Wednesday, 7 May 2014

The Upside? of being Coeliac



So often I write about how easy it is to transform ingredients into delicious gluten free yummies and that it is not a difficult process. And indeed it's not.  It requires some adjustment and some imagination and for me, it involves a lot of love.  Love for my daughter who is Coeliac. Love for my daughter that was terribly sick as a young child because of Coeliac Disease.

But I'm not going to sit here and lie and tell you that being Coeliac is a breeze.  It's not.  I am an upbeat person 95% of the time.  I am. But today.. today I am going to shed some light on the downside of being Coeliac and be brutally honest.  Lets get down to brass tacks.  Coeliac Disease blows.

It has taken away spontaneity of going out.
It has taken away vast menu options.
It is often ostracizing.
Planning and research and continual questioning has become the norm.
The fact that gluten free has become trendy irritates me at times when people assume you're eating gluten free as a lifestyle choice rather than a medical necessity.  Just how Coeliac are you??  Kind of like being a little bit pregnant I suspect.

We often take our own food to friends and family because it's easier and to be honest I feel safer.  If they insist on making gluten free, I worry about the understanding of gluten free ingredients and cross contamination.  I have the added stress about the risk of offending by querying ingredients and food preparation.  I worry about banging on about it.  I do it anyway.  


I put together a birthday party box including cake & a take-home lolly bag for all birthday parties Abbey attends.  We don't go on overseas holidays.  Actually holidays anywhere are a rarity.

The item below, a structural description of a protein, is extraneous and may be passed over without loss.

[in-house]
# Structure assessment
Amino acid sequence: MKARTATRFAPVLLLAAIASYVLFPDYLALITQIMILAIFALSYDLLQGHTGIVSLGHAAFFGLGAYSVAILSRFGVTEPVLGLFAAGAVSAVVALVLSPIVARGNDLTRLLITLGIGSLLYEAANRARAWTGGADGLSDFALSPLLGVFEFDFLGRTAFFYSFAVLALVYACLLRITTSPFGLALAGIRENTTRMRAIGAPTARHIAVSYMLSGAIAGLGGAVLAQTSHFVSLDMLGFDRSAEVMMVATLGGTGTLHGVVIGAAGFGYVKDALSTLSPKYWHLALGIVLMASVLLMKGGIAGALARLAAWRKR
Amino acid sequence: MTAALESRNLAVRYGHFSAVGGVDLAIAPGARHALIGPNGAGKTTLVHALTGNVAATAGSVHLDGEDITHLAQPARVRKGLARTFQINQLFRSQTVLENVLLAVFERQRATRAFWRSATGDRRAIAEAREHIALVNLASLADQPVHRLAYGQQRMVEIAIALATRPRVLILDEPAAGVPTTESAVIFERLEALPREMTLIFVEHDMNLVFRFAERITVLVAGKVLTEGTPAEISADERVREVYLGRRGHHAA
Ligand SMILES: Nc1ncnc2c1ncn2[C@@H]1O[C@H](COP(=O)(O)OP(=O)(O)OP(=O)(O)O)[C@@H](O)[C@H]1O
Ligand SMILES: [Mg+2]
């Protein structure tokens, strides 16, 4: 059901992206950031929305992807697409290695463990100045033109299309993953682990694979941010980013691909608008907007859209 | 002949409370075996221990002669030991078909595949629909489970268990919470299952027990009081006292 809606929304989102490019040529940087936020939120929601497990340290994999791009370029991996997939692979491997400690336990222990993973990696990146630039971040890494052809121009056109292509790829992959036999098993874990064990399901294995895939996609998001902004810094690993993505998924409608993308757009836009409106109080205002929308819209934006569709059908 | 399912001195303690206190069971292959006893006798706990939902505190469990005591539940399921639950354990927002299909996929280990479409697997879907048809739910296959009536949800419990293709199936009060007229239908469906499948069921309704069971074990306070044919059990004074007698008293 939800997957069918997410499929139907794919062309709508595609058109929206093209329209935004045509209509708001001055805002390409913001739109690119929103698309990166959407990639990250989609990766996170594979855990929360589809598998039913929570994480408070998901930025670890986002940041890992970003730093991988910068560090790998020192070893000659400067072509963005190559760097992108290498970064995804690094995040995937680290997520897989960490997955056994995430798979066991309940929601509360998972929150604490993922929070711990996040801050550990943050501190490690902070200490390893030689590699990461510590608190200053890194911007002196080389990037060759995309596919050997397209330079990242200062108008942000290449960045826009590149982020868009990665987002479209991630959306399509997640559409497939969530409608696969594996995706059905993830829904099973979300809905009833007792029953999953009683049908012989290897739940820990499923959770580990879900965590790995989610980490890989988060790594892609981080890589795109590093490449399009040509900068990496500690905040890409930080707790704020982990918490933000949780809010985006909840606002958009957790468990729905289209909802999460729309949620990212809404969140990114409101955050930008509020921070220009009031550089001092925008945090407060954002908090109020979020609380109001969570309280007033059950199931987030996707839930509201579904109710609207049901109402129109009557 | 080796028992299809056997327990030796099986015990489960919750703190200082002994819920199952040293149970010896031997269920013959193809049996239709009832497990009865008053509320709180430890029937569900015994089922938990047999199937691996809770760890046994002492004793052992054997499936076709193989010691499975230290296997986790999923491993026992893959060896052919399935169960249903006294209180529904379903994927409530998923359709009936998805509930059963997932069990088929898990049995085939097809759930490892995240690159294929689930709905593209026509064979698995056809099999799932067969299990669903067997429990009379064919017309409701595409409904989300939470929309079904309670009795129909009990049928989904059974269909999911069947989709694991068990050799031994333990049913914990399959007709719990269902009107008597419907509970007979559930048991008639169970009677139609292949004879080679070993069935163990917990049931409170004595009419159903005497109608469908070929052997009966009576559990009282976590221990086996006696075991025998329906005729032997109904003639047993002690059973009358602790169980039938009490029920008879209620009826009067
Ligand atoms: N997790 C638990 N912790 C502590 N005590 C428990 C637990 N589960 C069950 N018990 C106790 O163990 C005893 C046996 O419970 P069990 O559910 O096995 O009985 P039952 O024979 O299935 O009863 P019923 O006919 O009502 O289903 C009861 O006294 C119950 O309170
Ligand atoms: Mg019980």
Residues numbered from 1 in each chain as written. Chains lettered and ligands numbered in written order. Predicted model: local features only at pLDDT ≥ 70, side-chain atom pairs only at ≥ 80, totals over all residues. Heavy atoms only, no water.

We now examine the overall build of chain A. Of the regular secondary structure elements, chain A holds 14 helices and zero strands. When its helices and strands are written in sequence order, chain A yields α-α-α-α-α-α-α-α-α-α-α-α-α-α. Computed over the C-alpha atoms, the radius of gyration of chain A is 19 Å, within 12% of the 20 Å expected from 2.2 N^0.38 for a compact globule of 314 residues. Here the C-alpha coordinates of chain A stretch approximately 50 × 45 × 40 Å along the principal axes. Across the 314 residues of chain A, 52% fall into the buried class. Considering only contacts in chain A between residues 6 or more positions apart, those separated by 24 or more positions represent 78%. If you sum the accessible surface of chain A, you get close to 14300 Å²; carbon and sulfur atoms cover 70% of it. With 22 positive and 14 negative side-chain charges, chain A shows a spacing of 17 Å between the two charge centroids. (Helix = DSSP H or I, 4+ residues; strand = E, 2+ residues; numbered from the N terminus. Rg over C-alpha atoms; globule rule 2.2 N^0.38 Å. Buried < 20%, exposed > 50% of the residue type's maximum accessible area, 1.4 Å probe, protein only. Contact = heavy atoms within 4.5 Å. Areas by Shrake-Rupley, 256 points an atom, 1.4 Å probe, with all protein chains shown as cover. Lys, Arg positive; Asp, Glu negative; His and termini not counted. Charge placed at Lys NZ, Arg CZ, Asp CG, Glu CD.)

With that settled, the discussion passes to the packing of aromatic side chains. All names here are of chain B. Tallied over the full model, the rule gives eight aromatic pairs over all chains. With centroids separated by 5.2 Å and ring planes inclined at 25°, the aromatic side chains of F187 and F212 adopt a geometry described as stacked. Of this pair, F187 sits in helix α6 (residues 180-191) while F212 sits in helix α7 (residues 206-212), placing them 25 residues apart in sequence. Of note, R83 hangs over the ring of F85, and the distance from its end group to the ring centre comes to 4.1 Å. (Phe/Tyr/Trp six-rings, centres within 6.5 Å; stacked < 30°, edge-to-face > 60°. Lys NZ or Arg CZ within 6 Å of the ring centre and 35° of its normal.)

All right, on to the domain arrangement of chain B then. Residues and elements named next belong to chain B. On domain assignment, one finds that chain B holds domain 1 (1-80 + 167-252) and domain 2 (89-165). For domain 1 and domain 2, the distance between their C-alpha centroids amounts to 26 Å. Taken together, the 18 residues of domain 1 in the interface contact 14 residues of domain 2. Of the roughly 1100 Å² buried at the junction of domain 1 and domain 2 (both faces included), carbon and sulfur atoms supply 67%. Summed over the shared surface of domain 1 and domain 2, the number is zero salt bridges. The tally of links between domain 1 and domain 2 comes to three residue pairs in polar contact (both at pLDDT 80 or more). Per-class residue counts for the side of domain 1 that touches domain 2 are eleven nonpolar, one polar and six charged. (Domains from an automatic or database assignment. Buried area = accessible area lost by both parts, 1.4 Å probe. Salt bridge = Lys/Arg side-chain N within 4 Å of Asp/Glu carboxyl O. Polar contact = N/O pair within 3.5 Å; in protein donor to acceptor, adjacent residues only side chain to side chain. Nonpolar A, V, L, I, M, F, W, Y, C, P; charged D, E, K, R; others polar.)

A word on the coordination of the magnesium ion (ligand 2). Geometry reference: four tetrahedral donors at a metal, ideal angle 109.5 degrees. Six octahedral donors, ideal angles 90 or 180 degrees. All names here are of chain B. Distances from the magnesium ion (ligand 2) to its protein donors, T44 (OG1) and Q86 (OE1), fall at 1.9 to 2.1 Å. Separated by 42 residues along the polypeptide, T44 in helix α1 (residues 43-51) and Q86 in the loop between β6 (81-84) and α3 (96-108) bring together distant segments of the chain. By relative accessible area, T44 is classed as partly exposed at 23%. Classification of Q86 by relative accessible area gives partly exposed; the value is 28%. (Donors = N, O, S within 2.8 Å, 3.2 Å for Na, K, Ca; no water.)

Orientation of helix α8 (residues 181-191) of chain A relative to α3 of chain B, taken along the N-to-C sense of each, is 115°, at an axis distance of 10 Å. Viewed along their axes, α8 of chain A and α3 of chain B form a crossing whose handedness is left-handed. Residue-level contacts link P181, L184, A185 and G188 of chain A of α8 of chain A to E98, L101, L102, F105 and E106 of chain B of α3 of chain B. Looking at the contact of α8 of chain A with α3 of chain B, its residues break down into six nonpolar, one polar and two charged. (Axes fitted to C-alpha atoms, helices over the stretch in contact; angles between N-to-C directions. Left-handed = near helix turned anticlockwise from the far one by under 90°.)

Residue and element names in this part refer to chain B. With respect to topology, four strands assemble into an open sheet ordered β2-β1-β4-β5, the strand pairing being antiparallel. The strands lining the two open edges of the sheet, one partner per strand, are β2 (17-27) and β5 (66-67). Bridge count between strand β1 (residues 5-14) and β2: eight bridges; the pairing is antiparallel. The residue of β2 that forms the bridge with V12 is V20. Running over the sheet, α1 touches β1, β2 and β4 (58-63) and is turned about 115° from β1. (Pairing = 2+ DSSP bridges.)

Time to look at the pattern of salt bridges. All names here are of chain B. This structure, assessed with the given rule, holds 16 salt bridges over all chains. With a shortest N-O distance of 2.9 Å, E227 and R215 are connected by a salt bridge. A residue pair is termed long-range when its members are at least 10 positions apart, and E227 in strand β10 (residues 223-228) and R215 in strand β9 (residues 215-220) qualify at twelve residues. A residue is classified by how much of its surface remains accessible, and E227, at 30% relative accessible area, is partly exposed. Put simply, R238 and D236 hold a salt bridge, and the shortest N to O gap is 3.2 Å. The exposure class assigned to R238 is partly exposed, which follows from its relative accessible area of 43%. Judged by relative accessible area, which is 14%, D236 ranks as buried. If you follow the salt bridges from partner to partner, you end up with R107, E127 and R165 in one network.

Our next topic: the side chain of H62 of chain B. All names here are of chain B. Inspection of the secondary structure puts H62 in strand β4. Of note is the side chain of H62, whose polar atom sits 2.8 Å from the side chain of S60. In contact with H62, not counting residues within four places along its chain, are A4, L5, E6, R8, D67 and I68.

The stress of seeking out GF options for Abbey in a different country, disguised in a different cuisine gives me heart palpitations.  We'll wait till she's older and a little more enthusiastic to try different countries fare.  Imagine if she was glutened overseas.  That is my worst nightmare.  I prefer the safety of our own surrounds for the time being. 


But this impacts on not just Abb & I but our whole family.  The other 3 in our house are not Coeliac yet they are feeling the impact of these restrictions.. and this weighs heavily on me.


I have even had comments in the past from my own family who know I am Coeliac (asymptomatic) which are completely frustrating.  Comments like "oh but you can have just a little with no problems Tara - you're not like Abbey"  Aarrgghh.  "Sure.. I like to live on the edge - I guess if I can't SEE the damage being done to my insides.. it's not really happening right.."
  


Whilst both of us have biopsy-proven Coeliac Disease, Abbey reacts much differently to I.
Within a short time of  ingesting gluten, Abbey is extremely unwell.

The last time this happened, it was an innocent transaction of a cupcake between friends.
The cupcake was gluten free, it was just that it was innocently placed in a friend's lunchbox containing crumbs.. then handed back.  A lunchbox that contained crumbs of the gluten variety. Enough said.  There was no evil agenda or malice.